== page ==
Not All Oxidants are Bad

That’s not something you’ll hear very often. Google “oxidants + good” and you’ll find most links lead to a pro-antioxidant article and ads for supplements will populate the page. Which is fine, antioxidants are good for you.

At least most of them. In moderation. If they are the right kind.

Confused? Let us explain.

How’d we get here?

The mainstream and traditional view of oxidation (at least within medicine) goes back to 1956 when British scholar Denham Harman published his Free Radical Theory of Aging. The gist of his theory was that at the root of aging was the tissue damage and disease cause by free radicals. It then followed that in order to slow aging and disease, all that was needed was an increase in antioxidant consumption. Simply overwhelm the bad with the good and all would be fixed.

But it didn’t work that way. Studies and experiments which attempted to confirm this solution didn’t always pan out, particularly if there was only one 1 antioxidant used and especially if it was in-vitro. This has resulted in antioxidants being seen either negatively or at a minimum ignored by many in traditional medicine.

Because the solution didn’t work, serious doubt was then applied to the problem or cause as well. Which isn’t exactly logical, or even good science. Fortunately, since the early 1990s, the concept known as oxidative stress has gained significant credibility as confirmation of oxidative damage has been proven over and over. It’s now difficult to find someone who doesn’t believe free radicals harm our overall health.

The confusion and push-back comes in how to fight those radicals.

Redox Balance System

Within the last few years, it’s become more apparent that our bodies balance oxidants and antioxidants. They function together, almost like a network where one supports the other. Think of it as yin-yang. In order to have oxidants, you have to have reducers. The oxidants take the electrons that the reducers give.

Too much of one will force the other side out of balance. Very much like the way our body balances it’s pH levels.

If you’ve read the article on antioxidants, then you’ll remember there are 2 kinds of antioxidants. Those we consume from outside sources and those made internally. The body actually needs the oxidants to act like a trigger and force the creation of those internal reducers.

Then to close that loop and rebalance the system, some of those internal reducers are the only antioxidants that work to negate the advance of harmful oxidants. We need something that has been categorized as “bad” to create something “good” in order to stop another “bad”. If that doesn’t happen, then it doesn’t matter how much we flood the body with external antioxidants, we don’t see the improvement.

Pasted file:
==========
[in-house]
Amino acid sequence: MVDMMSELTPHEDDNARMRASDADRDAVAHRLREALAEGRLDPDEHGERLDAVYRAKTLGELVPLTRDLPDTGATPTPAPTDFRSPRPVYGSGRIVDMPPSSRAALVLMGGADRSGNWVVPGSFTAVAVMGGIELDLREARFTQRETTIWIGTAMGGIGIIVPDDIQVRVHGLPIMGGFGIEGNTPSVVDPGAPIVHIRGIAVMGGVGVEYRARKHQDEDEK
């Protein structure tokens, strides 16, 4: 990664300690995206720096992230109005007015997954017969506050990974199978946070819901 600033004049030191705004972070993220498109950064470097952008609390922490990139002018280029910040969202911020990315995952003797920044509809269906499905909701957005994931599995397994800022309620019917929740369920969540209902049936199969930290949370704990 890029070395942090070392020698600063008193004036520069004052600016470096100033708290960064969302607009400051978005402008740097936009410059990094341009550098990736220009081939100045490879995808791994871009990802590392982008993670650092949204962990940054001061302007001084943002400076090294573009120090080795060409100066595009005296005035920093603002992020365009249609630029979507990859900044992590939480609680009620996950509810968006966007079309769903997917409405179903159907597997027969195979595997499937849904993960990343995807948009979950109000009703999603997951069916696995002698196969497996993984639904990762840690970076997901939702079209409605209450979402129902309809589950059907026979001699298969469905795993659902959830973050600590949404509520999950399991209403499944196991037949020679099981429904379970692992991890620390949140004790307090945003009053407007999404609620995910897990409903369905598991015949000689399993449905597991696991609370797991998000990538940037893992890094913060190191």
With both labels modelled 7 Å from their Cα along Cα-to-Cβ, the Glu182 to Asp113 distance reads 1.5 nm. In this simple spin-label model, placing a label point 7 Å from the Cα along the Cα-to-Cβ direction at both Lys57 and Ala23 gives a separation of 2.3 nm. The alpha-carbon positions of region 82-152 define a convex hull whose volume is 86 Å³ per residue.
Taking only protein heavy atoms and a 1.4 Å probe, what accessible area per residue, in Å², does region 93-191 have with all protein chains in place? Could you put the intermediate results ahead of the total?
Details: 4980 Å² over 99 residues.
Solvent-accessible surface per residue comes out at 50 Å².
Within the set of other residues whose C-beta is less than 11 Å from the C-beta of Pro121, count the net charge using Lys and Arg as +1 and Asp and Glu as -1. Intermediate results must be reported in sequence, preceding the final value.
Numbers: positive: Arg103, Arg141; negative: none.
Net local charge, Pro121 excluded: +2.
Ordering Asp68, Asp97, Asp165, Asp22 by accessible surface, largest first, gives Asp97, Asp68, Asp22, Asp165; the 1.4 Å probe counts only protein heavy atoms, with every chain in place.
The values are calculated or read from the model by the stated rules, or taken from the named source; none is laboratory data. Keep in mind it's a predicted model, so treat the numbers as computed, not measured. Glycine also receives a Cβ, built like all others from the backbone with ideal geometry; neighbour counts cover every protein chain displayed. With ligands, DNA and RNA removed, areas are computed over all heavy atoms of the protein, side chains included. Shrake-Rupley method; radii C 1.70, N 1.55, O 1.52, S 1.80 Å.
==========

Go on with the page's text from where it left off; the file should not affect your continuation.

Which is why those experiments mentioned above didn’t work as hoped. Adding antioxidants into a test tube of radicals waiting for them to do their thing never happened because they were the wrong antioxidants.

What else do oxidants do?

The percentage of oxidants that are harmful is actually a fairly small percentage compared to the total overall amount in our bodies at any given time. The majority of oxidants fall into 2 categories.

The first are called signal molecule. Things like nitric oxide and hydrogen peroxide. They are only harmful in very, very high concentrations or if they get converted into the harmful variety. When functioning correctly, they tell other cells how to operate. Do they need to up their immunity reaction? Like inflammation or a fever to fight infection. Or maybe they need to start repairing and rebuilding tissue. Maybe they just need to stay in homeostasis and not change anything.

Without being told what to do, the cells won’t perform correctly. From an oxidation perspective, if this process is interfered with by too many antioxidants, long term harm can result.

The second category aren’t signal molecules, but they aren’t harmful either. If fact, the verdict is still out on what exactly they are doing. Which if we don’t know, we probably don’t want to mess with either. So again, let’s not over do it with reducers that might impact whatever function they are performing.

Final thoughts

There are two important takeaways.

First, stay in balance. Don’t ignore antioxidants, but don’t look at them as a miracle we can overdose on to fix all of our problems. For most of us, that means eat a well-rounded, nutrient rich, whole food diet. If we are doing that, we probably don’t need a bunch of vitamin C pills.

Secondly, and this is a question you might already have thought of, is there a way you can selectively target the harmful oxidants while leaving the good ones alone.

Well yes, yes there is. Which is one of the factors that make our water so beneficial. It does exactly that. We’ll explain how in a future post.

← Older Post Newer Post →

Leave a comment